The pandemic has been harsh on theatres, with performances canceled and closures bringing schedules to a grinding halt. Theatre is notoriously adaptive, though, and as life slowly returns to normal, these venues have been forced to adjust to survive.
#1 Cost cutting
Decreased ticket sales and the cancellation of shows have placed an unprecedented financial burden on theatres. Lockdowns are costly, and theatres have had to get creative with their cost-cutting measures. Saving money in-house can mean reduced opening times and even reduced set sizes in some cases. These can be worrying times for artists and freelancers, and as theatres scale back, it’s inevitable that some will lose out.
Theatres have looked to their foundations to save money, too. This has involved taking a closer look at their business models and saving money on the ground. Reassessing energy usage and suppliers have played an important role. Some theatres have even changed how their water is supplied, using comparison tools like Utility Bidder to find cheaper tariffs. The pandemic has encouraged theatres to reassess from the ground up. Changing water and energy tariffs has been one way to cut costs, sometimes quite dramatically.
#2 Going virtual
Virtual shows were very much the flavor of the pandemic, with the National Theatre shifting a whole program online. As vaccines bring the pandemic under control and life returns to something resembling normal, theatres won’t necessarily wind down their online shows completely. There’s still a long way to go before venues can operate at full capacity, and streaming shows online (even if those shows also have a physical audience) is a fantastic way for the arts to adapt.
Zoom plays proved particularly popular over the course of the pandemic and showed the resilience of theatres in extreme circumstances. Online theatre opens up a whole new way to reach audiences, as well as a range of creative angles. Although nothing can match the immediacy of an auditorium show, virtual performances bring theatre to people who might not otherwise have attended. Rather than a disadvantage, virtual theatre is viewed by many as an opportunity to break new ground.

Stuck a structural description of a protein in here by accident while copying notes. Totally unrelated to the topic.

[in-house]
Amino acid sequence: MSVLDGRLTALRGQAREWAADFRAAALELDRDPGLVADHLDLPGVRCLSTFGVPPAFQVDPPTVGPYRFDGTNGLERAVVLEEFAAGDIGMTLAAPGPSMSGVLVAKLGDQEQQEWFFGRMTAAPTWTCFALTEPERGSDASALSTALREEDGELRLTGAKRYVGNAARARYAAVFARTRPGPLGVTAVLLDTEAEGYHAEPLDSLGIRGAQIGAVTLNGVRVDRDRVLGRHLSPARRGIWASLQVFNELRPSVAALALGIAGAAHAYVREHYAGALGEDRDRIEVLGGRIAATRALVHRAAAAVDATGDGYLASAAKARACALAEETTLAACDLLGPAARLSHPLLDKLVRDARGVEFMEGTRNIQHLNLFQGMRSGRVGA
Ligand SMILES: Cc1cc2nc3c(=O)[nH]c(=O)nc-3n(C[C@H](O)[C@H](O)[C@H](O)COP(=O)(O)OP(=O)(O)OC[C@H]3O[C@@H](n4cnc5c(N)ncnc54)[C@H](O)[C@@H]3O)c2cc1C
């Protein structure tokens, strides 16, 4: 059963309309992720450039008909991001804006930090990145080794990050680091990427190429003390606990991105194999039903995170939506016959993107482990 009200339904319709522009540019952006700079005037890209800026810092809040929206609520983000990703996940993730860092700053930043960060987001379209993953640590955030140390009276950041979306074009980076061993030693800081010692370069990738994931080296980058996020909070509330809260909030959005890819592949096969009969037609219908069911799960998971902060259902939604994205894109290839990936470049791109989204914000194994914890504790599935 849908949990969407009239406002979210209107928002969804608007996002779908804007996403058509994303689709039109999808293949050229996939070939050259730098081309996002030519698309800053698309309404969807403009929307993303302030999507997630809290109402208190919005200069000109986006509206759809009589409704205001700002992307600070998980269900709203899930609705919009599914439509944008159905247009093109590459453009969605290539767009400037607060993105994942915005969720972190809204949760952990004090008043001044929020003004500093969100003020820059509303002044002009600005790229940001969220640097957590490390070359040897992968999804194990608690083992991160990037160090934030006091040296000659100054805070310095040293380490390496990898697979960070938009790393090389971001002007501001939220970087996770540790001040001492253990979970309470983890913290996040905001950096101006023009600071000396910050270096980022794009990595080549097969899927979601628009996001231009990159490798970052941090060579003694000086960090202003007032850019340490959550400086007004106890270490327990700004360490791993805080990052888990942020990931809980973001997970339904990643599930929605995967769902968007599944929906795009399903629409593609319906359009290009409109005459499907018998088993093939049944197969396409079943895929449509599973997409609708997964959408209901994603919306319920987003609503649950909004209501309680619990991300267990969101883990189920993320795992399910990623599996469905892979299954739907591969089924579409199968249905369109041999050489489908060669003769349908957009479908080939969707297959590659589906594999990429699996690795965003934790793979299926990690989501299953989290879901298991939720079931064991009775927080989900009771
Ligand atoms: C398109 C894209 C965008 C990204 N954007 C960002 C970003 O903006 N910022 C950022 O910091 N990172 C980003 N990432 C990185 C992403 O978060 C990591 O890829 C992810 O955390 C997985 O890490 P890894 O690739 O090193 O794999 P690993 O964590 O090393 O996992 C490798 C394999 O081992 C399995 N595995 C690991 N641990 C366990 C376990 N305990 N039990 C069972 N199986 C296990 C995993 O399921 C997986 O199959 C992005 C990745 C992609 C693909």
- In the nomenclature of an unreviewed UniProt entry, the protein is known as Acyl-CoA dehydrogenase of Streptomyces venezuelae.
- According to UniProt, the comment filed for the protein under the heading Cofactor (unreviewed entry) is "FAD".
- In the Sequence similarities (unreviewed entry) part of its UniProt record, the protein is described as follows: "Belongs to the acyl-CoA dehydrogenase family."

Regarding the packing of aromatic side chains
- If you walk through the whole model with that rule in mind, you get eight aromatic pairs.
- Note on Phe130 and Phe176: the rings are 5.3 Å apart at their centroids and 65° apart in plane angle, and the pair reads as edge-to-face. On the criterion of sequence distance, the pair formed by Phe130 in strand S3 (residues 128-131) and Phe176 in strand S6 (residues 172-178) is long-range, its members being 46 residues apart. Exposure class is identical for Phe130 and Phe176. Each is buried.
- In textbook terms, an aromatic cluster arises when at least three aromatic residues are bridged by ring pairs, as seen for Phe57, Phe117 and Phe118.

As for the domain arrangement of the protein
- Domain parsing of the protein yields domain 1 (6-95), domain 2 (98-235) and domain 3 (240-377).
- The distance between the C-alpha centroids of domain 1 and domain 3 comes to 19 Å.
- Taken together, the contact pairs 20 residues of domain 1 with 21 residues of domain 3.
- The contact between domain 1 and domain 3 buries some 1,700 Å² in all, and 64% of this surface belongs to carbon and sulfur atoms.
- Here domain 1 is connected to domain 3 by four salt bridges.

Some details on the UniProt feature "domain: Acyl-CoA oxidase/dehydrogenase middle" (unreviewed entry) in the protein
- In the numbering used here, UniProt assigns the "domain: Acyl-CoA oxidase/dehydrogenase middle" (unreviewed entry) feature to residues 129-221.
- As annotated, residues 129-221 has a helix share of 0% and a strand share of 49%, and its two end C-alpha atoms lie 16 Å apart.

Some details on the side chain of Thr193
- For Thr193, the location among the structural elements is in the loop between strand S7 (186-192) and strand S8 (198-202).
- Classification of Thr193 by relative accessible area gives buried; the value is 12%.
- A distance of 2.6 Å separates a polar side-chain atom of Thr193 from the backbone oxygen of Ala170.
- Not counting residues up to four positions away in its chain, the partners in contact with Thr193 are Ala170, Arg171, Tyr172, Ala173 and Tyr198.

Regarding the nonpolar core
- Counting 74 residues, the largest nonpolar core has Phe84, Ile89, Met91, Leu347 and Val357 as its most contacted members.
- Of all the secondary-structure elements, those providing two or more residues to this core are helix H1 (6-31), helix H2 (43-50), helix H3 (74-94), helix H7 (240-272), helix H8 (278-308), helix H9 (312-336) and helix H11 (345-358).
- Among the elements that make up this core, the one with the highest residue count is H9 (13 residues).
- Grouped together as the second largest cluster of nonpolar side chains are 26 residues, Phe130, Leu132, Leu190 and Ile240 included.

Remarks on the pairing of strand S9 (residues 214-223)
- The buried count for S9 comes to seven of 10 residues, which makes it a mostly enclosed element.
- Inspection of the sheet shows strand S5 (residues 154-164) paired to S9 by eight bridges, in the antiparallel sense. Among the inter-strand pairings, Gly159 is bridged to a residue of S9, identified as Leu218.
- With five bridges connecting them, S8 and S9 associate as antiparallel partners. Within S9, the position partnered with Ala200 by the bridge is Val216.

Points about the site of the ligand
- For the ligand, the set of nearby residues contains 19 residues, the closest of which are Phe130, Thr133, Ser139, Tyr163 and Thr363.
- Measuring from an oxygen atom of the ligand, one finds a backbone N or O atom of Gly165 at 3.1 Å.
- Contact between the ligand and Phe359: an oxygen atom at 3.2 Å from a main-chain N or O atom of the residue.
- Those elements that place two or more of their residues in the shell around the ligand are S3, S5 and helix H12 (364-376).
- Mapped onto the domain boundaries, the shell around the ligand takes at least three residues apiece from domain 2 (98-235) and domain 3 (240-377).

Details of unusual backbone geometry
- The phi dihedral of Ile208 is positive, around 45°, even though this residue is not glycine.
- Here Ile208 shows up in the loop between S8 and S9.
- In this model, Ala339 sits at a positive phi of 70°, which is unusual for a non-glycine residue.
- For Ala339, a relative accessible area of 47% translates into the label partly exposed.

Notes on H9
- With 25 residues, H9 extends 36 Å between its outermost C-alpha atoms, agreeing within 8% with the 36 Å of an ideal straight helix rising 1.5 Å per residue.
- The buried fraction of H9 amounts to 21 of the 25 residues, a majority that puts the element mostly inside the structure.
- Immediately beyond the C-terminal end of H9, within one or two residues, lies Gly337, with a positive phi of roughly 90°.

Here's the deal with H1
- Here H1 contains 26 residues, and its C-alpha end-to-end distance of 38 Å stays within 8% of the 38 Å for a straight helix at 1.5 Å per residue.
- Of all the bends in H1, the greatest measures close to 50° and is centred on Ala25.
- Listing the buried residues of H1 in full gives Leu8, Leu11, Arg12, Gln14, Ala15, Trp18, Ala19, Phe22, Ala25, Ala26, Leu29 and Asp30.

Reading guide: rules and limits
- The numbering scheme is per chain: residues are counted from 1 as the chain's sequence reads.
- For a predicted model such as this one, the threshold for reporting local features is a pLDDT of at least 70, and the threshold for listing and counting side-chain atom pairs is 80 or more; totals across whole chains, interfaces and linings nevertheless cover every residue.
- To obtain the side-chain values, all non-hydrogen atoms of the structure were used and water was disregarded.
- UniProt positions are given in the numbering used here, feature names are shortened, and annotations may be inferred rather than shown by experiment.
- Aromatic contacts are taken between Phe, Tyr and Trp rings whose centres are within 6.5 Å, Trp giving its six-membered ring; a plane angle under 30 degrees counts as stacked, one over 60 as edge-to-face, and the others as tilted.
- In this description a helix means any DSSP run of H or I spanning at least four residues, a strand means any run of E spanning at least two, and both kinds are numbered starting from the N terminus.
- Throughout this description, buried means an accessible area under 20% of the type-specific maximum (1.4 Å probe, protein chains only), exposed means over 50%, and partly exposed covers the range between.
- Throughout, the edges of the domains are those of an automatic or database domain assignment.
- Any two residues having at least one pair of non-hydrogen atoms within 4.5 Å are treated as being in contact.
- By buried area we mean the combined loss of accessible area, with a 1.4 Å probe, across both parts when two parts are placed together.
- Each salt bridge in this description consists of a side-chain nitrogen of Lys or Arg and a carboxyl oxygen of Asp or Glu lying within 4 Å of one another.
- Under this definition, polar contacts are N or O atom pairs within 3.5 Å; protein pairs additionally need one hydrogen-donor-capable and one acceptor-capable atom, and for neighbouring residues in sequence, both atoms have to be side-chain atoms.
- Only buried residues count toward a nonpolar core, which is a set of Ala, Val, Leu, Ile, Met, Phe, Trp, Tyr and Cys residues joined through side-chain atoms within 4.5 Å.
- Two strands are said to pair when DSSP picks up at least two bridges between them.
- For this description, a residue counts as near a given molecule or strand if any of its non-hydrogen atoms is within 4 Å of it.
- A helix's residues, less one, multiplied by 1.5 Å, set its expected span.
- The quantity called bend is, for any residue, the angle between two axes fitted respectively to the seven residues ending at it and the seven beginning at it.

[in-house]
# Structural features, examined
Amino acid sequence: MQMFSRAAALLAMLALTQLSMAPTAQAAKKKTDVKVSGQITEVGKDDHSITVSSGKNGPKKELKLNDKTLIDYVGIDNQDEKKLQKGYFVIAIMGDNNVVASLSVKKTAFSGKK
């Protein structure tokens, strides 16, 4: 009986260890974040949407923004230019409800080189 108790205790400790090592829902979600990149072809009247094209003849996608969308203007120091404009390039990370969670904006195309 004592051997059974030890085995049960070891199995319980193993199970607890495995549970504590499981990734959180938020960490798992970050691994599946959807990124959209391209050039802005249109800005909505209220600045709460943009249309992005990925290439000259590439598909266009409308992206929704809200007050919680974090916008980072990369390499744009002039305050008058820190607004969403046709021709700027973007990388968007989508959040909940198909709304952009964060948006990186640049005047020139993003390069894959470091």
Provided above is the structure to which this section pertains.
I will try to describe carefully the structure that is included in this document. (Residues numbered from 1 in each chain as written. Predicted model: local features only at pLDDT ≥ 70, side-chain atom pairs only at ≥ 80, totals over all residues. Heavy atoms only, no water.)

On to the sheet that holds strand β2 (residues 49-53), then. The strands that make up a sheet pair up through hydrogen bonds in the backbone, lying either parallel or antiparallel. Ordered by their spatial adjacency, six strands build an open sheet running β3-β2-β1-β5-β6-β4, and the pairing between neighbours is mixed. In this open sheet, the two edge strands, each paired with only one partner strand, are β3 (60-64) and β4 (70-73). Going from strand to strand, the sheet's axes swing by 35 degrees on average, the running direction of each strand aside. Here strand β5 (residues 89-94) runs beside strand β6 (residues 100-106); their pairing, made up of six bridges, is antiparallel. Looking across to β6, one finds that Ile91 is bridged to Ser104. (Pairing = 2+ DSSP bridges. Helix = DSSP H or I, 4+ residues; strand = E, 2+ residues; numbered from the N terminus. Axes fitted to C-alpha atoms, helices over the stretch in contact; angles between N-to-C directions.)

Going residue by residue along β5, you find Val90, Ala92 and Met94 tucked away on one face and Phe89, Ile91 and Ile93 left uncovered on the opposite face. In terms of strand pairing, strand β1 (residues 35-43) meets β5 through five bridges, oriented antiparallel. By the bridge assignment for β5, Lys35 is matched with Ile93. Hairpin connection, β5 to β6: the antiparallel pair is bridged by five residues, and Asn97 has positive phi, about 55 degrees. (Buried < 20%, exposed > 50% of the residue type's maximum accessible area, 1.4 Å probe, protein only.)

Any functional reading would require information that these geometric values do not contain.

#3 Covid compliant events
Even as theatres reopen, there remain in place a whole range of Covid protocols that affect nearly every aspect of the performance. Many venues now demand a recent negative test to attend, and reduced audience sizes mean lots of empty spaces. Theatres are adapting with spaces between seats for the time being, so auditoriums feel a little different from how they did pre-pandemic.
Visitors must leave contact details so that they can be traced should there be an outbreak, and mask-wearing is compulsory in most indoor settings. Some venues even perform temperature checks as audience members file in, and long gone are the days of socialising in the foyer. Crowds are carefully managed with additional queueing outside buildings and careful disbursement inside. It all makes for a radically different experience, but the survival of theatre, and the staging of new shows, is proof of how adaptable the arts are.